The Holy Grail of Guitar Tone

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It’s a lofty claim, I know. “But Joey, there’s no way one guitar tone is going to work all the time” you’re probably thinking to yourself. And I agree, 100%.

Crafting the greatest tone isn’t about making every guitar in your session sound the same; variations in tone are what make guitar mixes sound massive. It’s not even about having a lead guitar that sounds the same in every session you work on.

The number one reason I think this signal chain is useful for producers and engineers alike is that it gives you the PERFECT baseline sound that you can get immediate results from. Once you’ve got the baseline, you can tweak, replace & edit to your heart’s content knowing that you’ve got a killer sound right from the start.

Start With Compression

When working with DI guitars, it’s easy to forget that you can put anything you want between that dry signal and the virtual rig you’re running it into. We get anxious about making our guitar sound amplified, and we end up skipping one of the best forms of control: compression.

By using a compressor before your amp sim, you can really wrangle in some of the transients and dynamics just like you would with a compressor pedal in front of a live amp. You get a smoothed out consistent tone fed into your amp, which makes your job setting the amp to the right tone ten times easier.

Set your compressor’s threshold to a level that catches just a bit of the pick attack on each note. This catches those few peaks while leaving the majority of your track unaffected. I usually set my ratio to about 3:1, enough to pull down those peaks without completely killing the natural feel of the performance.

When all is said and done, you’ve got a more consistent track dynamically capable of driving your amp a bit harder for in-your-face lead guitar tone.

Picking The Right Amp

The amp is probably the biggest part of your tone by the time you’ve reached the mixing stage. A compressor or EQ can apply strokes of color to the sound, but your amp will make or break the sound.

For this reason, it’s imperative you find a great go-to amp that doesn’t require a bunch of tweaking just to get to a useable sound. I’m partial to Toneforge Menace for this exact reason. When Toneforge Menace is loaded onto a lead guitar track, it just sounds right without the need for dialing in Presence, EQ or Gain. Depending on the track, I’ve also found myself reaching for Toneforge Guitar Pleasure for something a little more gain.

Check out what Nick’s able to do with Toneforge Menace on a lead guitar with almost no adjustment in the video below:

While he made a few extra tweaks to get the perfect tone for the song, the majority of his sound came from simply loading up the plugin!

Help Your Guitar Take Flight

When you think of over-the-top superstar guitar solos dripping in tone, I’m sure you’re not hearing a guitar in isolation in your head. Even if you’re not hearing instruments with it, you’re most certainly hearing the room around it. There’s no avoiding the impact a room (or lack thereof) affects your tone. For this reason, time-based effects are a necessity to drive your lead guitar tone home.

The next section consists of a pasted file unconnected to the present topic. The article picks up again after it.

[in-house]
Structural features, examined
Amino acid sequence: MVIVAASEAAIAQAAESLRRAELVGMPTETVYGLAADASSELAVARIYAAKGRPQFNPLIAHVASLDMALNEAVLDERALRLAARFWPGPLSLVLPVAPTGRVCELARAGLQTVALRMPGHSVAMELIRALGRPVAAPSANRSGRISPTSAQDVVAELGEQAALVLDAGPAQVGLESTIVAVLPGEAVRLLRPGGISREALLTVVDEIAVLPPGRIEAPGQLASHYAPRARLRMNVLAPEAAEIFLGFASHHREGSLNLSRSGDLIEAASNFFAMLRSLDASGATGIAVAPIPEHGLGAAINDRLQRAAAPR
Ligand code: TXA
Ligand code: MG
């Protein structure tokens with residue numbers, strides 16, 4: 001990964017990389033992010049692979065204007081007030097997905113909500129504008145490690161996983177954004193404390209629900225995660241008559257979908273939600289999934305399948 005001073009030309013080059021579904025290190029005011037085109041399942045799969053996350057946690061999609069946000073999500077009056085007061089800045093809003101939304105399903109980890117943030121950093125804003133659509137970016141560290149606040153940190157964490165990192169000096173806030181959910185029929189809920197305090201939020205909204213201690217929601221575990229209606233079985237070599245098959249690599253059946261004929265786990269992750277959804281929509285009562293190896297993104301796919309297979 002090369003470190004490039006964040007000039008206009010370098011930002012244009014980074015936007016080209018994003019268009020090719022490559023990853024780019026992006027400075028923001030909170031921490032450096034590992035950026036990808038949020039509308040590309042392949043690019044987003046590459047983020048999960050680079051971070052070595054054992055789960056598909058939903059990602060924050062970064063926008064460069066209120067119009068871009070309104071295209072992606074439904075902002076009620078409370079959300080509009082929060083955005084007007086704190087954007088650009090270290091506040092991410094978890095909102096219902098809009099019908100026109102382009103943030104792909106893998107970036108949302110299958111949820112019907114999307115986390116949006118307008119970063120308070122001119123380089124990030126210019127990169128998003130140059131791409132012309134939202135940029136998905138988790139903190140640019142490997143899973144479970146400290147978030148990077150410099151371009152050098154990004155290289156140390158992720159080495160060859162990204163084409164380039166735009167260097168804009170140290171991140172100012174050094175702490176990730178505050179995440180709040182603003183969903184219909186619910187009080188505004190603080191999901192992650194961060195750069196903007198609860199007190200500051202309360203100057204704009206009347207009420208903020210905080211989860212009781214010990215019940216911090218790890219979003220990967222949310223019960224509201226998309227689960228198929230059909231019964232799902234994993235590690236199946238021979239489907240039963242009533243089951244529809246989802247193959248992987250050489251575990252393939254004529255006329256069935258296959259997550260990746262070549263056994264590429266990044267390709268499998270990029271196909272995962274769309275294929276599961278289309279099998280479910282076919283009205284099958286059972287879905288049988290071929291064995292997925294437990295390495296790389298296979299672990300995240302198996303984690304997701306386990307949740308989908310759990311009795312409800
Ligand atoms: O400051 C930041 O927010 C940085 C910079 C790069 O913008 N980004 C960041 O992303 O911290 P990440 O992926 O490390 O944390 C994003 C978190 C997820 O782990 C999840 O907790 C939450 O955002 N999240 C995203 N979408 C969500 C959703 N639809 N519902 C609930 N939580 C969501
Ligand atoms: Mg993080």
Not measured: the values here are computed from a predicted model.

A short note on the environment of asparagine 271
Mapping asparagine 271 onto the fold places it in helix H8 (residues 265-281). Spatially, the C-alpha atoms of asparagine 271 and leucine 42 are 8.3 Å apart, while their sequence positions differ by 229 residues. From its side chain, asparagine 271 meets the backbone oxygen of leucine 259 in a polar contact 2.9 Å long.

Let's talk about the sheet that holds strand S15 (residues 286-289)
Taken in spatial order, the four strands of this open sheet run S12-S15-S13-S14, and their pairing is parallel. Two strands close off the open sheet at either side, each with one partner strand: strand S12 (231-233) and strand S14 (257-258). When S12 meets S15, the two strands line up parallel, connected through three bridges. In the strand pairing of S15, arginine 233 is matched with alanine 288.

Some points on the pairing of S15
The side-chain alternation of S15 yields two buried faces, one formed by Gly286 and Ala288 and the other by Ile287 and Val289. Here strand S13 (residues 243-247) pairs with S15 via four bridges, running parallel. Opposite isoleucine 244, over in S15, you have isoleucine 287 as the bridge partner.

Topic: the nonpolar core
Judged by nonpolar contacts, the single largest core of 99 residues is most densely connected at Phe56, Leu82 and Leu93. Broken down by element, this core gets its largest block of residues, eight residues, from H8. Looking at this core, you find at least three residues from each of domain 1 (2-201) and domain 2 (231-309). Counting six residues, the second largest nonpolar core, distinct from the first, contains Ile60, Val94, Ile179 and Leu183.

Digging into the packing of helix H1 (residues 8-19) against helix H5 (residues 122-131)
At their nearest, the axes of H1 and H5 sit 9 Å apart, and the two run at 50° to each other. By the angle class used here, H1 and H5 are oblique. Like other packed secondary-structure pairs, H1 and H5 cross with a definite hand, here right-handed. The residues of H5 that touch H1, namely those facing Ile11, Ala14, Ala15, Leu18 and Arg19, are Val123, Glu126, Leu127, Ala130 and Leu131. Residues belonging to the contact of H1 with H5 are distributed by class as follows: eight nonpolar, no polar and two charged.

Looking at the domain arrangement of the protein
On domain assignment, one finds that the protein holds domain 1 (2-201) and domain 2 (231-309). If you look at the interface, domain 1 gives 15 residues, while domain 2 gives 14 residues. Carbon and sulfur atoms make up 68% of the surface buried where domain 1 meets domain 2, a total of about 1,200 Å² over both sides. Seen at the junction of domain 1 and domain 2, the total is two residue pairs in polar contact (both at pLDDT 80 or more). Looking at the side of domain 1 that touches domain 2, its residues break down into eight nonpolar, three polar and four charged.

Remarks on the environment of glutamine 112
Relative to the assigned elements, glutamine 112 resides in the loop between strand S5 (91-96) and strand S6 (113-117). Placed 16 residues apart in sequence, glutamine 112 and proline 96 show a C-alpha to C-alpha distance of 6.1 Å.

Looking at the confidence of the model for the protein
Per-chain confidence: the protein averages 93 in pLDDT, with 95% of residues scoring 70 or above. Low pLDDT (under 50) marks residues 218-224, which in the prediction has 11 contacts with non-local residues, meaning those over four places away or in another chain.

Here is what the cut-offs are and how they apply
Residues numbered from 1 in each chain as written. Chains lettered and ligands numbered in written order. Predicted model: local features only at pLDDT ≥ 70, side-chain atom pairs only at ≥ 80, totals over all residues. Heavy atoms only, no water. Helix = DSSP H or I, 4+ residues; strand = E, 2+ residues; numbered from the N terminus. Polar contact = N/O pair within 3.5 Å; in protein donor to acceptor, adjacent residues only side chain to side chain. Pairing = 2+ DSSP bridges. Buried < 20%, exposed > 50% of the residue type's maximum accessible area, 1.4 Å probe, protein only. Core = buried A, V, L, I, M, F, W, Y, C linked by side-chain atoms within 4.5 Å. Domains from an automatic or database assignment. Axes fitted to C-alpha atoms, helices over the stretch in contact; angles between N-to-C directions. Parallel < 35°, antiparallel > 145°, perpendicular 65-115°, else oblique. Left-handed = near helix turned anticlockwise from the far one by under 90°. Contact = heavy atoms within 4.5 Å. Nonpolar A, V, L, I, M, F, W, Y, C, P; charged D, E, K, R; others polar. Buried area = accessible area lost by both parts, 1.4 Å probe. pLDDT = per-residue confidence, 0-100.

Load up a reverb that fits the size of the space around your guitar. By using the Mix knob, you can quickly and easily blend that guitar with reverb, placing it in the room. If you’re looking for the fastest fix, presets for small, medium & large rooms and halls are available in almost every reverb plugin.

For the icing on the cake, a multi-head tape delay can add complexity and depth to a lead guitar for the ultimate tone. Using a plugin like JST SOAR, making this happen is as simple as loading up the plugin and flipping it to multi-head mode.

Find Perfection In Imperfections

The perfect lead tone will depend so much on the song, it’s not worth your time to dive into the gritty details as soon as you start working on guitars. You’ll burn yourself out quickly and lose inspiration to work on other parts of the mix.

Instead, you should be focused on building a process that gets you to a useable guitar tone as quickly as possible and tweak from there. The greatness of this approach isn’t in the final tone itself, but how fast you can get there. Once you’ve got something that works, making intentional mix decisions and edits becomes so much easier.

Do you have any other shortcuts you’re taking to give you quick, clean tracks in your mix? Whether it’s rolling off low end or starting from a template, there are hundreds of ways engineers and producers are speeding up their workflows all the time.

Come share your best shortcuts with our community in the Joey Sturgis Tones Forum on Facebook. You might just find a few new ones to add to your approach!

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